Along with Fay Bainter, Barry Fitzgerald, Jessica Lange, Sigourney Weaver, Al Pacino, Holly Hunter, Emma Thompson, Julianne Moore, Jamie Foxx, Cate Blanchett, and Scarlett Johansson, she is one of only twelve actors to receive Academy Award nominations in two acting categories in the same year. She was nominated for Best Actress for The Pride of the Yankees (1942) and Best Supporting Actress for Mrs. Miniver (1942) at the 15th Academy Awards in 1943, winning the latter award.

Her husband, Niven Busch, originally penned Duel in the Sun (1946) for her to play the lead, as a departure from her girl-next-door roles. But pregnancy forced her to drop out, and Jennifer Jones got the lead.

She was originally set to star in producer David O. Selznick’s Duel in the Sun (1946), which was written by her then-husband, Niven Busch. However, shortly before filming was to begin she got pregnant, and Busch had to go to Selznick’s office to inform him that she would have to bow out of the film. Selznick, known for his single-mindedness, tried to talk Busch into letting her play the part, which called for a lot of physical action, and Busch absolutely refused. As he turned to leave the office, Selznick blurted out, “Dammit, Busch, she isn’t the only one you screwed!”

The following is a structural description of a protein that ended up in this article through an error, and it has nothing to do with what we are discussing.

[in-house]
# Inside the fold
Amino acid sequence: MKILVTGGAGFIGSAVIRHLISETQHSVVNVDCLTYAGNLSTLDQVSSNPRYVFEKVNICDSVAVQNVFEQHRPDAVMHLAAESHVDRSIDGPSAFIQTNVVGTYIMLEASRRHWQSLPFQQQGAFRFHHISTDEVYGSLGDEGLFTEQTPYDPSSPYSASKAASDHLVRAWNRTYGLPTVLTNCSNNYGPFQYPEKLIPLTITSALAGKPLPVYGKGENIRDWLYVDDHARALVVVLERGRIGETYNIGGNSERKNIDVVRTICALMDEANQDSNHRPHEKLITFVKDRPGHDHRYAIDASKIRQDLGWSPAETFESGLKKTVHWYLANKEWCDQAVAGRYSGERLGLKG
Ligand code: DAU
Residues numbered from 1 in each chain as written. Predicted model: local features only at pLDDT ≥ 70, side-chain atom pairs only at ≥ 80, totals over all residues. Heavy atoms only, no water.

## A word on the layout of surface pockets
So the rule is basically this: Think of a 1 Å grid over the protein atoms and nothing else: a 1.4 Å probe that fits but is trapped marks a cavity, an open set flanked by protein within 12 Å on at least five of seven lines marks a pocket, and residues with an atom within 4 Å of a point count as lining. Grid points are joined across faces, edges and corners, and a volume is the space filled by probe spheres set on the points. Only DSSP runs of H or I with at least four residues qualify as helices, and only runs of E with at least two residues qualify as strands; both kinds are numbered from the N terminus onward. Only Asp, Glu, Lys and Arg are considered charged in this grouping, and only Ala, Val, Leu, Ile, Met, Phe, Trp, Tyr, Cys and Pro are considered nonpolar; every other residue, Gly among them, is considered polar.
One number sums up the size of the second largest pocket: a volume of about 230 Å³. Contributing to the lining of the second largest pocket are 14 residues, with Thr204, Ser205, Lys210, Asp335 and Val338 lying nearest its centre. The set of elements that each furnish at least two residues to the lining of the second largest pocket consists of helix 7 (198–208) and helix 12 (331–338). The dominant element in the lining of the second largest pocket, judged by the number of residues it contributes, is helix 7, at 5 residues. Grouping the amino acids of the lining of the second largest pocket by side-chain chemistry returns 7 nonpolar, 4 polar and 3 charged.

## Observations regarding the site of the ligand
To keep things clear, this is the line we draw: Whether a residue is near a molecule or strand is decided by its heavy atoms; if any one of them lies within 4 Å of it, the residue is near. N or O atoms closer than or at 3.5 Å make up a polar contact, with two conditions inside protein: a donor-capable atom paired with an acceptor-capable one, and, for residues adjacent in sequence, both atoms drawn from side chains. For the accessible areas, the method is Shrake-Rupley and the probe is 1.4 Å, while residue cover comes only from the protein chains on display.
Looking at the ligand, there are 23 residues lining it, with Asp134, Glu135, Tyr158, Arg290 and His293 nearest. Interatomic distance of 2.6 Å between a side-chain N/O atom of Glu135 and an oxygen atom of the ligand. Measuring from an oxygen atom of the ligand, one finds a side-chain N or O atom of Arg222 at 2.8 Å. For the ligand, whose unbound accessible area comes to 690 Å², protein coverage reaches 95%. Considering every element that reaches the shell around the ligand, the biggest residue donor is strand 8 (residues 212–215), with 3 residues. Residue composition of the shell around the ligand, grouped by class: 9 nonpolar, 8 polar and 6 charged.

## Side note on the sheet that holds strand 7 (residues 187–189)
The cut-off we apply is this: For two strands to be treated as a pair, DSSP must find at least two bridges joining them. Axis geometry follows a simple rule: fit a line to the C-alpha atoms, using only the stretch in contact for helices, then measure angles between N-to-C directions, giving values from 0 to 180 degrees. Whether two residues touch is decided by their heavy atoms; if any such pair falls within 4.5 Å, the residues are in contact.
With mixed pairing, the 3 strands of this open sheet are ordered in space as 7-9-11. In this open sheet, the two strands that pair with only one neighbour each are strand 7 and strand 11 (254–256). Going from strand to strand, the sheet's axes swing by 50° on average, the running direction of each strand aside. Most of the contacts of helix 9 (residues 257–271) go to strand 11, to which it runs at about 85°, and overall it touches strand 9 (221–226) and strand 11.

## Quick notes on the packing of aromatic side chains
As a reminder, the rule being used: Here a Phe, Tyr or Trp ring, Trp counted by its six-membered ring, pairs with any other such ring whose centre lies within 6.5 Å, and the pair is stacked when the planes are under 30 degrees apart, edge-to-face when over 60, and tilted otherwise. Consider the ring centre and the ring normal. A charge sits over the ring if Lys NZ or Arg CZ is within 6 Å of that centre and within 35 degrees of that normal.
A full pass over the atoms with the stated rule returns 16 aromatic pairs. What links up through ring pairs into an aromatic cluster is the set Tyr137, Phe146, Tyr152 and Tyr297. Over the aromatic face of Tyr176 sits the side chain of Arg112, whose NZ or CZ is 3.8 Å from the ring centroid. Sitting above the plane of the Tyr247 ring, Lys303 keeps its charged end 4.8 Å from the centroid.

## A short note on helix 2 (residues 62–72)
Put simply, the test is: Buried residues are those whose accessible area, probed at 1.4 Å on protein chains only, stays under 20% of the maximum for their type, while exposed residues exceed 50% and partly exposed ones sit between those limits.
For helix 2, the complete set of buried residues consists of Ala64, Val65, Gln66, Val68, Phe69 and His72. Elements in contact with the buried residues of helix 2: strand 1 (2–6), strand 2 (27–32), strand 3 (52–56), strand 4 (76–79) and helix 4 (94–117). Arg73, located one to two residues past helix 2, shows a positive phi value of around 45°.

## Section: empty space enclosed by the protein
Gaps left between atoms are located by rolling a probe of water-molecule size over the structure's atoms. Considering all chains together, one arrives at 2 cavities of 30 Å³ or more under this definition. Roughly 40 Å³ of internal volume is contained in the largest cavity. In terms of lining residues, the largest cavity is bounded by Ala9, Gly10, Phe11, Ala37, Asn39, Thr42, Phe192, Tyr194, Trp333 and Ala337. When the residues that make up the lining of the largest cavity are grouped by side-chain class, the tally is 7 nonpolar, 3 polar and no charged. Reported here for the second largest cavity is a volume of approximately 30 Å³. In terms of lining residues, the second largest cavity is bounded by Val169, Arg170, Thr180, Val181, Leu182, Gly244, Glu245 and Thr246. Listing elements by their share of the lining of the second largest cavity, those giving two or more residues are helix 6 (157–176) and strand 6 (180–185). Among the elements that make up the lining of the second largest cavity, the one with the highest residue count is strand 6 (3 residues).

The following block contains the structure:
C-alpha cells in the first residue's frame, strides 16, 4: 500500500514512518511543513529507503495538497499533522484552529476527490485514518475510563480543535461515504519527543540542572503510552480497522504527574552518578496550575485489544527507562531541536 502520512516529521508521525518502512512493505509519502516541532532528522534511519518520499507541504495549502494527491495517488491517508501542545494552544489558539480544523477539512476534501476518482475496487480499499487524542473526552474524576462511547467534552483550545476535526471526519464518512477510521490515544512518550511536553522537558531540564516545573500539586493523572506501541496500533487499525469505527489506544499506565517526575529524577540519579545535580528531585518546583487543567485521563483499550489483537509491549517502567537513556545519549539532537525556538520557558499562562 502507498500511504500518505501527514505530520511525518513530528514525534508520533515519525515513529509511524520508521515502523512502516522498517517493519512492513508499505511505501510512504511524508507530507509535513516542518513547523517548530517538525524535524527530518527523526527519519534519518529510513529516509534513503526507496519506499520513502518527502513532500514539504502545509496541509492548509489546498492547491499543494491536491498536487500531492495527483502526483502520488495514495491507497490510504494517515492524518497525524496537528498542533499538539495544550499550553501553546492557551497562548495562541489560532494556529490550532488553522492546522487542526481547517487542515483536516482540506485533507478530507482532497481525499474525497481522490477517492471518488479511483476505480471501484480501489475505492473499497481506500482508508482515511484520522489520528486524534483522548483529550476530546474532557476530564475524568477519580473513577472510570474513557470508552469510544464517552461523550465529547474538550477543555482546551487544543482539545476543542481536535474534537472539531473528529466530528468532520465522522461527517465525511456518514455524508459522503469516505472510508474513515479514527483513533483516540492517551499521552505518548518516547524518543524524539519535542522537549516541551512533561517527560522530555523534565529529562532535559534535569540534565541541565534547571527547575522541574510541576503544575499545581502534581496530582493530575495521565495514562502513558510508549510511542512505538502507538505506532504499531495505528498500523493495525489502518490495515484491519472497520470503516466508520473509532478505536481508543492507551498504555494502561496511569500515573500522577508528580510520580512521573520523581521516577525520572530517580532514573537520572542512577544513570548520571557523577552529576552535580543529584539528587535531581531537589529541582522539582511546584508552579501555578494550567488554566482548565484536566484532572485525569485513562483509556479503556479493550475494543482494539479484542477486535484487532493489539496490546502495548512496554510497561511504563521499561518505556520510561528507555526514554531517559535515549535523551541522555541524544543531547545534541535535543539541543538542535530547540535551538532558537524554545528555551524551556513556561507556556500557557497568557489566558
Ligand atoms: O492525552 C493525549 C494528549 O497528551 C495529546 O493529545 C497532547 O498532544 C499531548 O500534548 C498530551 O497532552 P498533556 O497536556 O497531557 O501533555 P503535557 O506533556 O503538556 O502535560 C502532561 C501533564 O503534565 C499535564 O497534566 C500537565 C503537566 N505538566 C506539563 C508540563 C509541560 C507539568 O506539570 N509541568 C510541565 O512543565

She was nominated for the 2015 New Jersey Hall of Fame for his services in the Performance Arts.

Teresa Wright’s cheeky stroke of genius in this episode is filled with macabre and black humor delivering a diabolically composed and humorous resolve as she works her way through each of Dan Duryea’s other wives, as casually as a housewife doing chores. A serial murderer housewife that is.

It is perhaps one of my favorite performances of Wright because of the comical dark side she invokes, quite the departure as Wright greatly envisioned from the ‘best little cryer’ that had been hitched to her in the 1940s and 50s.

Her chemistry with Duryea is fabulous as they play off each other and slowly the revelation comes to his character that she’s been shadowing him on each of his routine rendezvous’ with the other Mrs. Browns at his 3 other homes. It’s a brilliant setup. As he realizes she’s a killer and he’s out three wives.

And now… THREE WIVES TOO MANY!

Dialogue:

Marion Brown tells her husband (Duryea)- “You have been a bigamist 4 times. Now you can stay alive with me or be dead away from me!”